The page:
I’m going away for a couple of weeks. First for a holiday, then to a Quaker farm in Zimbabwe. Wish me luck! In the meantime, here are three stories from personal experiences about the South African Police Service (SAPS).
Last week the NGO I work for ran a workshop to teach community activists how they can use the Firearms Control Act to make their areas safer. (The upshot is basically that the law allows for individuals to be declared ‘unfit’ or ‘incompetent’ to carry a gun. I’ve never met anyone who’s fit to carry a gun.) The area we were covering is called East Rand – it’s on the east side of Joburg. The East Rand suffered 712 murders last year. The workshop was held in Brakpan police station (28 murders last year).
Being a moderately law-abiding citizen (at least in the areas where it makes sense to be law abiding), I’m not very familiar with the insides of a police station – UK or any other. So it was with some false-confidence that I strode into Brakpan police station. The nice lady behind the desk told me she didn’t know where the workshop was but there was a big room in another building where it might be. I said, “How do I get there?” She said, “Go round the back through the gates, through the first door on the left and then round a bit more.” So I stepped out onto the street, went round the back, wandered through some open gates with three prisoners lounging against them, alone, and into another building. No-one stopped me. I walked through the corridors, past police officers leaning against walls, past the open doors of little offices. Most of them were empty but occasionally there were people in there. They didn’t seem very busy. No-one asked me who I was or why I was there. At one point, the sounds of Neil Diamond filled a corridor, coming out of another office. Police officers were smoking in the corridors and offices, which is illegal in SA. There just didn’t seem to be any work happening. Police stations are supposed to feel safe – the safest place you can be, but Brakpan felt no safer than any other public place in SA. In fact, the building I work in, which is stuffed with little NGOs, feels much safer than Brakpan police station.
The police here have a poor reputation. Low morale, low pay, badly trained, etc etc. As the day went on, I got more glimpses into this. During the workshop, a scene developed in the carpark outside the windows of our room. Three kids had been nicked for theft. All the stuff was on display in the carpark. It would have been an unremarkable scene except that at one point one of the guys I work with looked out the window and said, “They’re kicking one of the kids.” Until then I’d been encouraging people to concentrate on what we were doing, but Needs Must, so I got my camera and waited for more violence. Thank god there wasn’t any more. But the treatment of these kids was fairly dire. All the assembled onlookers, about 15 of them, stood in the shade. But the kids were kept out in the hot hot sun all handcuffed to each other. One of the kids kept sitting down, he was crying and he didn’t seem well. Every time he sat on the floor the police men shouted at him to get up. Now I know I’m soft, but he was just a kid.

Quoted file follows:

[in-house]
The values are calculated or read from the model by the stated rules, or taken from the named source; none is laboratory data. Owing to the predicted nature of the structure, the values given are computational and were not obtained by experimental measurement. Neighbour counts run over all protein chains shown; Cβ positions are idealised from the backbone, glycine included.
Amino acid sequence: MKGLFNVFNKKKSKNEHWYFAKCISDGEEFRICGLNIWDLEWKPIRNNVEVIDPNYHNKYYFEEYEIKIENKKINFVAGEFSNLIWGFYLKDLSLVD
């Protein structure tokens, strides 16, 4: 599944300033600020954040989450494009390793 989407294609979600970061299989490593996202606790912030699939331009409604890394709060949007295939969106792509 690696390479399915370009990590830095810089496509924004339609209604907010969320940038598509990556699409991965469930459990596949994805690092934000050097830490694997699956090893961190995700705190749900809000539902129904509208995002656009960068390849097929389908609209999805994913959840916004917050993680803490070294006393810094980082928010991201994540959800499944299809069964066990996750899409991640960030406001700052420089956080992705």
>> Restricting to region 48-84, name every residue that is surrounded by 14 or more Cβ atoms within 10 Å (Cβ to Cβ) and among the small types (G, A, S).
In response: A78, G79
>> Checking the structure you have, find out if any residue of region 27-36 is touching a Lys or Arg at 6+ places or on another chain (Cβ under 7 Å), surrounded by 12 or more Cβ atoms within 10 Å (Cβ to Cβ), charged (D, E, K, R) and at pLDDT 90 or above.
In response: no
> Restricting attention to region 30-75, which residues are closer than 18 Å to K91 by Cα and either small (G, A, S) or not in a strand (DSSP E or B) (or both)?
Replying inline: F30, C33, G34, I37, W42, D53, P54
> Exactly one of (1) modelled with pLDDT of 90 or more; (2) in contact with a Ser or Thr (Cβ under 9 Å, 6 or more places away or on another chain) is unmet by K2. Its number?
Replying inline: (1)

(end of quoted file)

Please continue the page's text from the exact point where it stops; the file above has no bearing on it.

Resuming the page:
There was also the massive irony that we were teaching gun law, yet we could see that many policemen around us were not carrying their guns in a legal way. (For men, they must be carried in a holster. Ladies, feel free to pop yours in your handbag). Thembani and Vincent, the two amazing guys I work with are experts in this subject, and decided to raise the issue with the police chief. First the Big Cheese said that the police were using internal holsters, but it was clear that the guns were actually just tucked into their belts (it’s so incredibly easy to swipe a gun out of a belt – I could have done it loads of times that day). When T & V pushed the point a bit more the Big Cheese got pissed off and started talking in Afrikaans. Wanker. And the second irony is that SAPS loves our NGO, cos the police are so often the victims of gun violence.